Shoalhaven River Whitewater
Oallen Ford to Powerlines
14 March 2020
By STEVE MOLINO
The Shoalhaven had been too high the previous weekend and was steadily dropping but by mid-week the gauge indicated it was bone dry. Not possible!
A close look at the readings and I was convinced there was a fault with the gauge as it has dropped 1.5m overnight. Liaising with my contacts at BoM, we established it was faulty (and had displayed similar behaviour after the February rainfall event before suddenly rebounding) but the actual level could only be estimated by extrapolating the hydrograph from when the gauge was working. By my reckoning that would put it at about 1.1m on Saturday and would be enough to paddle. Surprisingly, ten other paddlers believed me.
Six were glad they followed through and came along and the other four were disappointed they could not make it, particularly Caroline Houghton who had been advised by her doctor to rest the shoulder she injured the previous Sunday. All but one of us had rendezvoused at Oallen Ford by 8am so we started the car shuttle and for the cost of a case of beer we had cars parked above the pull out point 12km by river from the start.
Once we got ourselves on the water the first few kilometres were an easy warm up at a cruisy water level. I led the way as I was the only one in the group who had paddled that section previously but since it was eight years previously I certainly wasn’t going to trust my memory for lines on the major rapids. This meant we bank scouted about half a dozen rapids and Ben helped the young’uns read the water and pick their lines.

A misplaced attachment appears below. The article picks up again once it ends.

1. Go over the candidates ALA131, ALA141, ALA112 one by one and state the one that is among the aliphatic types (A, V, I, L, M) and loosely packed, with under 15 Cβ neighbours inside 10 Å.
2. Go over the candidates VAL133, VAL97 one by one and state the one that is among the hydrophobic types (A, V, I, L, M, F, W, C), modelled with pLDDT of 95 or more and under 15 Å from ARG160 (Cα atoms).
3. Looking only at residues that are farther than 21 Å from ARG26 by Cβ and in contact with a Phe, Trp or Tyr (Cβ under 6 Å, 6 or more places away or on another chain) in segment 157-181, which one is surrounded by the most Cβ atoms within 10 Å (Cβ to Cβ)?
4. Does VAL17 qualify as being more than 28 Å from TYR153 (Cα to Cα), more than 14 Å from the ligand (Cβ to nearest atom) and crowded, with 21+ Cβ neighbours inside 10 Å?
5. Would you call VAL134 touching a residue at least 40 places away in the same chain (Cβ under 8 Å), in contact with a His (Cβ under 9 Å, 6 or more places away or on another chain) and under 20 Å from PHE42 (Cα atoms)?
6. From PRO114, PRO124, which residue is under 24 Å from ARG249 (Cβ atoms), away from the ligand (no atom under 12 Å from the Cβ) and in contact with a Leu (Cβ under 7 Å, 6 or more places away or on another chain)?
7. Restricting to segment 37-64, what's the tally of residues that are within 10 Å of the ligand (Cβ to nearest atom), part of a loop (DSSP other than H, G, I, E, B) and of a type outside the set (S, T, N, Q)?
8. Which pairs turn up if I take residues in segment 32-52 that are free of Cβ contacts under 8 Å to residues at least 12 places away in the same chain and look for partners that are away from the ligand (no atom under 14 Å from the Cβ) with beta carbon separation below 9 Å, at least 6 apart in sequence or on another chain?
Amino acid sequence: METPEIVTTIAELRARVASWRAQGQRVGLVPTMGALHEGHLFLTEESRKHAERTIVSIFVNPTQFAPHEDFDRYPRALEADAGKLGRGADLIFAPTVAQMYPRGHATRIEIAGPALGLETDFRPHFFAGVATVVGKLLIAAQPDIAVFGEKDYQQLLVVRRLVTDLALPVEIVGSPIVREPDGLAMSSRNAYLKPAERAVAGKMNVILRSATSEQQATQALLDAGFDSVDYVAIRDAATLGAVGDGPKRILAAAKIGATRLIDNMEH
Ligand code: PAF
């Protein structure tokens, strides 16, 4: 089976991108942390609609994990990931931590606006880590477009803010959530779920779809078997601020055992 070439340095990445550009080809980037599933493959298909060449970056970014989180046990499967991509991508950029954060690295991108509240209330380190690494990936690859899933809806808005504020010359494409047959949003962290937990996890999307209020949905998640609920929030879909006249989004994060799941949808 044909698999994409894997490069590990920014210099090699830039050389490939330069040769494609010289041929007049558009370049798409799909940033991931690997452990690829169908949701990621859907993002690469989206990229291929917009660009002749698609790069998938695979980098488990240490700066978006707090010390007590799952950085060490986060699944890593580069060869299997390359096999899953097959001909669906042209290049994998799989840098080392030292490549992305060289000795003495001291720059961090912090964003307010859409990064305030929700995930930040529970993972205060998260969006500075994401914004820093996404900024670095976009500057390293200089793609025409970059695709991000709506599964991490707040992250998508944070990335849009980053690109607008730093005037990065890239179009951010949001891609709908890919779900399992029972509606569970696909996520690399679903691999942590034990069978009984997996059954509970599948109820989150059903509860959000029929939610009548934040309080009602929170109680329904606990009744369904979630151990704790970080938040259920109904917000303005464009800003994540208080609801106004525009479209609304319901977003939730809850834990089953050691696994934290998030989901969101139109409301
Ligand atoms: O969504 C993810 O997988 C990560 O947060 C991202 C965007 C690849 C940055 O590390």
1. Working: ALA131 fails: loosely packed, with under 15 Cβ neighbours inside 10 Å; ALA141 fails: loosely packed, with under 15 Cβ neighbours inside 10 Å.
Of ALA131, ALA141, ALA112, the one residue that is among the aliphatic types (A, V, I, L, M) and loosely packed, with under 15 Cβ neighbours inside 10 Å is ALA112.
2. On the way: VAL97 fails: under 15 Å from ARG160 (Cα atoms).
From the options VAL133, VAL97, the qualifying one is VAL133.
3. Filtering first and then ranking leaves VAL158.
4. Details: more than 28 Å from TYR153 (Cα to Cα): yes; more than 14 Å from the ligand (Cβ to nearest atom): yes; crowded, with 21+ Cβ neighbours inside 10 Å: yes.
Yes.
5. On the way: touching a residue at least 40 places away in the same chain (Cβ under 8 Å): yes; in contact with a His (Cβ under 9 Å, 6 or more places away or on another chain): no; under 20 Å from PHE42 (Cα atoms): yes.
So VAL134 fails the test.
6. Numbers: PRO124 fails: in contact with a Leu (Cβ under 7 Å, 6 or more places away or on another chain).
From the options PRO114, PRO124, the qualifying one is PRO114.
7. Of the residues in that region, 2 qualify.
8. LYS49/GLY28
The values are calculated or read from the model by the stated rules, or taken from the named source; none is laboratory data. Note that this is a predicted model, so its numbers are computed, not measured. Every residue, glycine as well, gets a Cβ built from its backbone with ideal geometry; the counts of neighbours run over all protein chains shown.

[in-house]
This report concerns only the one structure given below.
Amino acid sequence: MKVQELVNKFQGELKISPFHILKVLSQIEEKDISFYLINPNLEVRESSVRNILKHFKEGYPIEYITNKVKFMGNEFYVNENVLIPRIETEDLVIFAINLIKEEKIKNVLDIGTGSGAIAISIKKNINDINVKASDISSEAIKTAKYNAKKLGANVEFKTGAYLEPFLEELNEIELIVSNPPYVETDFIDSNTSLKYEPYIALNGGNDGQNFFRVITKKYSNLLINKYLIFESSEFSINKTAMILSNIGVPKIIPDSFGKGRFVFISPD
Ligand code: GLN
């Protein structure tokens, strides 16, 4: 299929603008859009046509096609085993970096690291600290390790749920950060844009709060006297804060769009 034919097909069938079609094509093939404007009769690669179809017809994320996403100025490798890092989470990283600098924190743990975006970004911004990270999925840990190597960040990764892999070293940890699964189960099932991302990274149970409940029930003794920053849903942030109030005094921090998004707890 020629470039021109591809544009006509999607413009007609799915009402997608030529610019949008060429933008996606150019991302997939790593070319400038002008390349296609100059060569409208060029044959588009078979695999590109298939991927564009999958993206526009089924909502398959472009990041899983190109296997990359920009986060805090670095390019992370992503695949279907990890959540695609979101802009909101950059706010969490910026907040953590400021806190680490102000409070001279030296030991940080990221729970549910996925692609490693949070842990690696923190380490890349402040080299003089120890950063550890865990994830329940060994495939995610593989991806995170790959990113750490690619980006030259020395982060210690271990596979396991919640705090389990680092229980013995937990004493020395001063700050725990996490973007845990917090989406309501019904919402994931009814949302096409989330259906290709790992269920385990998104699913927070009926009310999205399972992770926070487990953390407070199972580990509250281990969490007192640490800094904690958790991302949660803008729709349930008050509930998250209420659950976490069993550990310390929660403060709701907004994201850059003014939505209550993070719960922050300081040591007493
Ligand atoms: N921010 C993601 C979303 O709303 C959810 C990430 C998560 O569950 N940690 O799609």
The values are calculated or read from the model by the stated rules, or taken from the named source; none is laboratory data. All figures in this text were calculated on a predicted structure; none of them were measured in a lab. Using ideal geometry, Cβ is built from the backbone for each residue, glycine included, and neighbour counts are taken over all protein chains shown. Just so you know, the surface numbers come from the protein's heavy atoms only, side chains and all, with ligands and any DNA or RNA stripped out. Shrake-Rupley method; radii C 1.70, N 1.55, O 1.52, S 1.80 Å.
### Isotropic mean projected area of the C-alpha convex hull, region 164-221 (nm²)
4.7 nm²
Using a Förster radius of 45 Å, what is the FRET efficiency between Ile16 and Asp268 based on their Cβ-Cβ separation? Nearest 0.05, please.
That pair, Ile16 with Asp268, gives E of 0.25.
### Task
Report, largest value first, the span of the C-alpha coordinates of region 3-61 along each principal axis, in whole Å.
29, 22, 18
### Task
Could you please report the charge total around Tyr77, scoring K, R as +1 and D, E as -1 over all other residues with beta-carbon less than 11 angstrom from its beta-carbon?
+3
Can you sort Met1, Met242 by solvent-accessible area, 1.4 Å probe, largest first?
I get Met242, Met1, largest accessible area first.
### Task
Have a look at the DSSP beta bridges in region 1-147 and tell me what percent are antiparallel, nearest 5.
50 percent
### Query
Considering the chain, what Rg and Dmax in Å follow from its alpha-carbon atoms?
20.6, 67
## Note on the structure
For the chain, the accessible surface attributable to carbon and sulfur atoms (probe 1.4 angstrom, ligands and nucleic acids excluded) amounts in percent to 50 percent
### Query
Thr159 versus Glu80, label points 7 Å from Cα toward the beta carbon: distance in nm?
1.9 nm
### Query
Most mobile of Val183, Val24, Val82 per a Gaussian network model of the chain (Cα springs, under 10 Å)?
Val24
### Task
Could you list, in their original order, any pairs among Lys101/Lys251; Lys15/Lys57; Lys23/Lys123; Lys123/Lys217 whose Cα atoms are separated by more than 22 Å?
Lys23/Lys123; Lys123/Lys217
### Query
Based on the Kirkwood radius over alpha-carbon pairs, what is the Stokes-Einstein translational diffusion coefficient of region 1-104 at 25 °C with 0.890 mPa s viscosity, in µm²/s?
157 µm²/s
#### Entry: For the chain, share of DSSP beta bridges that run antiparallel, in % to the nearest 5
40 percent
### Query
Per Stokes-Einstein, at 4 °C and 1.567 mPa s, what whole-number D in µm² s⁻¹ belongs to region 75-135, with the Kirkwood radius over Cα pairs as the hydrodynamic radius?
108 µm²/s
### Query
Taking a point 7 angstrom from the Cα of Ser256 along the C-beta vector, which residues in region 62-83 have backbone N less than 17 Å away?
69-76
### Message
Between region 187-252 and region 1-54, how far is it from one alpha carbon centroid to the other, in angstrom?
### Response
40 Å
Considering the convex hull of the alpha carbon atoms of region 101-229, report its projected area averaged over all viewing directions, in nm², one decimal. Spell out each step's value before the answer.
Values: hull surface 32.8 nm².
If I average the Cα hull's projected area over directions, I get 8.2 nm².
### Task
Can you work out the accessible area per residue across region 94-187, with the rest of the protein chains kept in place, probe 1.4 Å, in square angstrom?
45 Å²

At this level all the rapids were shootable with some being quite technical without being too pushy. Aaron took the award for hardest lines and Max for the coolest head with a roll half way down a multi-drop zig zagging rapid with consequences for wrong lines. They were also both quick off the mark to offer Dave a T-rescue on his second capsize only to have him opt for a second swim instead.
John Ward, Aaron’s dad, chose not to paddle but kindly walked down to the river so we didn’t miss the pull out. He then carried our paddles back to the top while we all struggled to climb a loose shale scree slope on which we kept slipping down the hard won metres we had just climbed. Ropes and team work turned out to be a better option than individually shouldering our boats.
We were back at the cars by 4pm with everyone pumped after a great day’s paddle but shattered after a cruel walk out.